1. To make the dough I used a heavy-duty mixer with a dough hook (my trusty Kitchen-Aid), putting all of the dough ingredients straight into the bowl and mixing on medium speed just until the dough lifted off from the base and clung to the hook – about four minutes. Otherwise mix together all of the dry ingredients in a large bowl. Make a well in the flour and pour in the warmed yogurt/milk and the oil. Mix with one hand (I favour making a claw shape), holding the bowl with the other. Or you could use a wooden spoon, missing out on the messy fun. Turn and mix until you have a sticky, well-mixed dough.
2. Turn the tacky dough out onto a floured surface and knead until elastic and silky smooth. It should pull easily from the kneading surface when ready. Wipe the mixing bowl, rub in a dod of oil, and pop the dough back into it. Cover and leave to double in size.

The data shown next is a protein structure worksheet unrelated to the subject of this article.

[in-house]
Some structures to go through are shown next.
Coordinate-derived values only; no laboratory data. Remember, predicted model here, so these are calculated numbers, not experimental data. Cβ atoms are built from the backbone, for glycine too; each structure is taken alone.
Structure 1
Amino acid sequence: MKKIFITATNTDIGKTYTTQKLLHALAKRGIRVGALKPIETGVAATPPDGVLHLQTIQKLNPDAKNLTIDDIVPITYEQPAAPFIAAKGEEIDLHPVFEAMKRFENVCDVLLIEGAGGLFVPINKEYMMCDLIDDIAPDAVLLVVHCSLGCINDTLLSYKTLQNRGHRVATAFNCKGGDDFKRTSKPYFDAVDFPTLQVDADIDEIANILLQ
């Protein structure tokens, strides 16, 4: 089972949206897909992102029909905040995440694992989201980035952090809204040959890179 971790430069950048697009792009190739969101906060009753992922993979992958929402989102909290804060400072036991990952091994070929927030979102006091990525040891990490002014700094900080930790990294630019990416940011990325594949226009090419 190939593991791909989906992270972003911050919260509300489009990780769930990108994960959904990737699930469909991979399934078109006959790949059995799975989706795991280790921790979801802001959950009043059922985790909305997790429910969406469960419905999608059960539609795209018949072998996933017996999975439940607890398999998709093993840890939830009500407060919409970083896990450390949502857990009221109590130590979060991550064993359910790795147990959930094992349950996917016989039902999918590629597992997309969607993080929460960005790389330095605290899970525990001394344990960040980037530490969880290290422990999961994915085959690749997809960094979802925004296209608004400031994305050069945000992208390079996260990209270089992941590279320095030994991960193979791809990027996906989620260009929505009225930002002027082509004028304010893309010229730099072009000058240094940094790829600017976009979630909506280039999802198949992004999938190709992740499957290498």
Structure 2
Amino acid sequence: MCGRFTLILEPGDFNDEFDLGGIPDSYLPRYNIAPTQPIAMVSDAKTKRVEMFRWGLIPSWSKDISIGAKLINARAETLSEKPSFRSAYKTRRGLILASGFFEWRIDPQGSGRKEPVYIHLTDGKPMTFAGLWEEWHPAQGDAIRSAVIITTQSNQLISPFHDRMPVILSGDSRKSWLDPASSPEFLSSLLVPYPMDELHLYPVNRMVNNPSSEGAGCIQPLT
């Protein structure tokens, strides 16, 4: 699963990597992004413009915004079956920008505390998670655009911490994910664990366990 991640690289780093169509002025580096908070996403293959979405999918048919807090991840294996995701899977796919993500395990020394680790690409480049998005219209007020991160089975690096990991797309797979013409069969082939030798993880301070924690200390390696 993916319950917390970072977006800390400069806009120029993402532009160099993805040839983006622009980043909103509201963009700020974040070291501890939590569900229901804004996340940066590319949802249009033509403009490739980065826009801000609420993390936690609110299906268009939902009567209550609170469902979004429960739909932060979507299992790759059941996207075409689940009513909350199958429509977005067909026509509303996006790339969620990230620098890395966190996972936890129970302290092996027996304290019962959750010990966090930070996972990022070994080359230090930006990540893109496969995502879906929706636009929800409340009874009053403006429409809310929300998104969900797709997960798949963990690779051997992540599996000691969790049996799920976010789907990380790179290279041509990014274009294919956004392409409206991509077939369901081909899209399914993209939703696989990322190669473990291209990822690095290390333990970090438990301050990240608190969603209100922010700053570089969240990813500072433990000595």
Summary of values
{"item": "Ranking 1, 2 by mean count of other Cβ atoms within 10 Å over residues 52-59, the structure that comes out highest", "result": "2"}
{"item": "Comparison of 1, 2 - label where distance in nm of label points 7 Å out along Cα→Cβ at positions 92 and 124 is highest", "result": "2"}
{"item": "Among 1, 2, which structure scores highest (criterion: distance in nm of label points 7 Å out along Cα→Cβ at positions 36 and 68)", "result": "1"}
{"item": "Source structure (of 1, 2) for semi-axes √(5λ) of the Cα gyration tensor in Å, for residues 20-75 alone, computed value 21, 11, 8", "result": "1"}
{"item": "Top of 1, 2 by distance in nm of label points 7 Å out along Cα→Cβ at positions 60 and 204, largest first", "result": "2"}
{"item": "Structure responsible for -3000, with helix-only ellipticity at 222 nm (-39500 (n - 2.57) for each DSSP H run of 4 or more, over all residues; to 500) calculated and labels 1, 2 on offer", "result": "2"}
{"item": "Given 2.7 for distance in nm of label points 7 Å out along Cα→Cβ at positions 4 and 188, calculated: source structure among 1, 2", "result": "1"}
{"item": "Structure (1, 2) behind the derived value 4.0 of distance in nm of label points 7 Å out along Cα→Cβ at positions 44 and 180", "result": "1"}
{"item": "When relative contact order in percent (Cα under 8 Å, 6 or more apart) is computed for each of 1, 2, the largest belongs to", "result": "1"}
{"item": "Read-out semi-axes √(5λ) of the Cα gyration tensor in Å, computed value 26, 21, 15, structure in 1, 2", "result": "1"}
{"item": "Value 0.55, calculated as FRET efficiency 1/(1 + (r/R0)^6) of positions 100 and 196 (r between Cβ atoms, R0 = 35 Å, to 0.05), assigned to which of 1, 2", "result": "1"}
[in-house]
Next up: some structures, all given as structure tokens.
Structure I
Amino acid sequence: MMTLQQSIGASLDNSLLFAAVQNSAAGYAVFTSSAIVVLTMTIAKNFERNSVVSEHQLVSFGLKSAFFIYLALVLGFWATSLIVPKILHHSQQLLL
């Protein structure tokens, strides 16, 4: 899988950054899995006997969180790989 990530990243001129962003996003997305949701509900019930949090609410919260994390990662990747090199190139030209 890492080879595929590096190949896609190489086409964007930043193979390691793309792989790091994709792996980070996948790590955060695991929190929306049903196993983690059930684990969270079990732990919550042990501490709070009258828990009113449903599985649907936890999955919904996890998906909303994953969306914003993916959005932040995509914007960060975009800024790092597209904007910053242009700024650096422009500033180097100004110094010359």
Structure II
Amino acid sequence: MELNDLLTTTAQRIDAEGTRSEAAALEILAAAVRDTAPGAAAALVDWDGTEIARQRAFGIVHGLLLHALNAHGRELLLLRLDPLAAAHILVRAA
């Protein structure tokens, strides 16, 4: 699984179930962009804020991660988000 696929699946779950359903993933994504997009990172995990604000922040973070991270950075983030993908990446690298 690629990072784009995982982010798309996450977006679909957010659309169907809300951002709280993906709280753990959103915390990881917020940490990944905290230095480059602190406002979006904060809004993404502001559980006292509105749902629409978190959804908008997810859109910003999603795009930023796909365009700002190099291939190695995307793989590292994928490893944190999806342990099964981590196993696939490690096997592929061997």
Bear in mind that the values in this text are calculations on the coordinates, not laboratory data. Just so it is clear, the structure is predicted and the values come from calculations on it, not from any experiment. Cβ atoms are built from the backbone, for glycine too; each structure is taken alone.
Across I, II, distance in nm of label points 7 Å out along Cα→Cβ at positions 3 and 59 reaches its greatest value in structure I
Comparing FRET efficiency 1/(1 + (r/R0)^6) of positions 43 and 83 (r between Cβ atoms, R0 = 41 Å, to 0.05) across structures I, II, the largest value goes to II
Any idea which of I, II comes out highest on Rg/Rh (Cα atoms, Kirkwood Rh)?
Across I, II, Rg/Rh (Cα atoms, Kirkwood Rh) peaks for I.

3. While the dough is rising, sauté the leeks for your chosen filling. I sautéed them over a low-ish flame, stirring fairly frequently, for about five minutes.
4. Tip the dough onto a floured surface and roll into a rectangle about 60cm x 40cm – more or less. It is pretty big.
5. If you are opting for the British filling, spread over the warmed and emollient Marmite then top with the leeks and cheese – leave the briefest of margins on the long side furthest from you. For the Middle Eastern filling spread over the glossy, sautéed leeks and top with the remaining ingredients.
6. Brush the furthest edge with water and carefully and slowly roll up the dough, starting from the long end closest to you. Keep it fairly tight, but not mashing the filling. Smooth down the joining edge with a spoon or wet finger. I lightly pinched the join and then smoothed as I was paranoid about the filling leaking out, but I don’t think such pedantry is necessary. Cut the dough into anywhere from 12-20 pieces, depending on how you feel about portion sizes. Traditional Chelsea buns are nine pieces, but that is pretty generous. Flatten any slices that are a little taller so that they are of uniform height. I didn’t and one or two ‘skyscrapers’ were browner than I wished.